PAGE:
I love clothes, shoes (yikes), and beautiful things as much as the next person. But I've become so much better at realizing that I have what I need and that if there's something within me that's making me feel crummy, a material item isn't going to fix it. Most likely, reasons number 1 and number two (quiet and some nature) are going to help me more than a new pair of boots.

If you live near the temptation of material items on demand, try and go a weekend without buying anything. Except food, maybe. Or gas. It's so nice living on what you have instead of longing for things you don't actually need.

I'm a firm believer that the little things are the big things and that the "big" things, like an expensive car, expensive home, or expensive clothes do not provide happiness. I'm a big believe in security. Make yourself secure financially, physically, and emotionally. When you focus on this type of security, you realize that the other stuff is just stuff.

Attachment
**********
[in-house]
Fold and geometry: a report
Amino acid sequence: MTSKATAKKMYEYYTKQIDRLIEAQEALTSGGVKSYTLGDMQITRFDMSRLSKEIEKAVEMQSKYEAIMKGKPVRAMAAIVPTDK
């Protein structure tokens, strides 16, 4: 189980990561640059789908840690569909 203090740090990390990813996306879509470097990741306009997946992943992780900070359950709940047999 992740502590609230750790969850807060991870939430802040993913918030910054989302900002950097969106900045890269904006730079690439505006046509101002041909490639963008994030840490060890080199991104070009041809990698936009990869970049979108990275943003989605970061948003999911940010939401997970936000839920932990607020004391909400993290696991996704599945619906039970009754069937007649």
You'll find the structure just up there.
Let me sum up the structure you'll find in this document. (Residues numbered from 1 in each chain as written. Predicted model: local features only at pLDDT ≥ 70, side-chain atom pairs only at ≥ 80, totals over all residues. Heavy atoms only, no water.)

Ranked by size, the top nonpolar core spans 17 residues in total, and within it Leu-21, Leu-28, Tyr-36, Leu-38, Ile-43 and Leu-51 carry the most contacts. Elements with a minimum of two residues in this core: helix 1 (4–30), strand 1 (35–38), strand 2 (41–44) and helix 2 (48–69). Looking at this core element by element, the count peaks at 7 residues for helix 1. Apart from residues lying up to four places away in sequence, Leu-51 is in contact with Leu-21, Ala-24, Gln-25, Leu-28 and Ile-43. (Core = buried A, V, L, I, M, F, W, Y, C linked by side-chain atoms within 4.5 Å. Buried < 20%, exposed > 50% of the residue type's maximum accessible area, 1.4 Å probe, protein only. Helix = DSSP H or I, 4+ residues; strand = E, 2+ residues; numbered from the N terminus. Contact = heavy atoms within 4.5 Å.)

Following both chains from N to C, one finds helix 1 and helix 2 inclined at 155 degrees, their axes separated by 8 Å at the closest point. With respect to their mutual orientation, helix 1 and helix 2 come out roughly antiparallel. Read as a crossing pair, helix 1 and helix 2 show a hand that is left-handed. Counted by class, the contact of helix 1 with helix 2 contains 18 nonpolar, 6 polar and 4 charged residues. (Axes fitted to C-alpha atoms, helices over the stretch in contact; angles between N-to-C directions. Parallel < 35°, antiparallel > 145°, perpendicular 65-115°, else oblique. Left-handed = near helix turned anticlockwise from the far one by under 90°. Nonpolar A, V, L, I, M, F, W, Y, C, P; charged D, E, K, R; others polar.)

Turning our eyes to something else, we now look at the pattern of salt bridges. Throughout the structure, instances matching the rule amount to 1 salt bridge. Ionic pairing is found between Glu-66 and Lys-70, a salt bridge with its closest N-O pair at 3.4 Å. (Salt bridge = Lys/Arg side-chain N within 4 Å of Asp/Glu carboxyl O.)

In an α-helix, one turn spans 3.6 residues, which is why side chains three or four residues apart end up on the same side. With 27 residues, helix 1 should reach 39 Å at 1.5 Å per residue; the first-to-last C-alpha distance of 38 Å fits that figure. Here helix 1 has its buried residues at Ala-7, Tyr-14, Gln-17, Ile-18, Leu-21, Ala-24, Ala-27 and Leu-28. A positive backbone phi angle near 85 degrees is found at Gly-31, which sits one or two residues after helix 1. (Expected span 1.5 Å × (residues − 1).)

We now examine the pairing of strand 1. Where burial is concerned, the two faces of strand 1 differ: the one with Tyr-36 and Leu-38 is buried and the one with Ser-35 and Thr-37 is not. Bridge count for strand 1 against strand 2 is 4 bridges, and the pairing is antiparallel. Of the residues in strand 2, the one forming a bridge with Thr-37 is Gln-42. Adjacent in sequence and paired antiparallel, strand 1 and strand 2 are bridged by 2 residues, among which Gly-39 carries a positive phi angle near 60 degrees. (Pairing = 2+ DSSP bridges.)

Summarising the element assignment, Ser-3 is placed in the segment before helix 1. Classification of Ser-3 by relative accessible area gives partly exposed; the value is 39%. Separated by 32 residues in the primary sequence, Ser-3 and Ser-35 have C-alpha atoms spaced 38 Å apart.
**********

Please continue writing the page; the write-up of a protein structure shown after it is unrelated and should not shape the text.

Living in the country isn't the only way that these three things can enter your life. It's just one way. I hope you can find ways to implement these methods into your life, no matter who you are or where you live.


A Letter to Myself: Approaching the New Year

When it comes to New Year's resolutions, I'm on the fence. Sure, it's nice to map out in detail specific goals you'd like to achieve. On the other hand, why wait until the clock strikes midnight on New Year's Eve? Each new moment can be a time to make a change.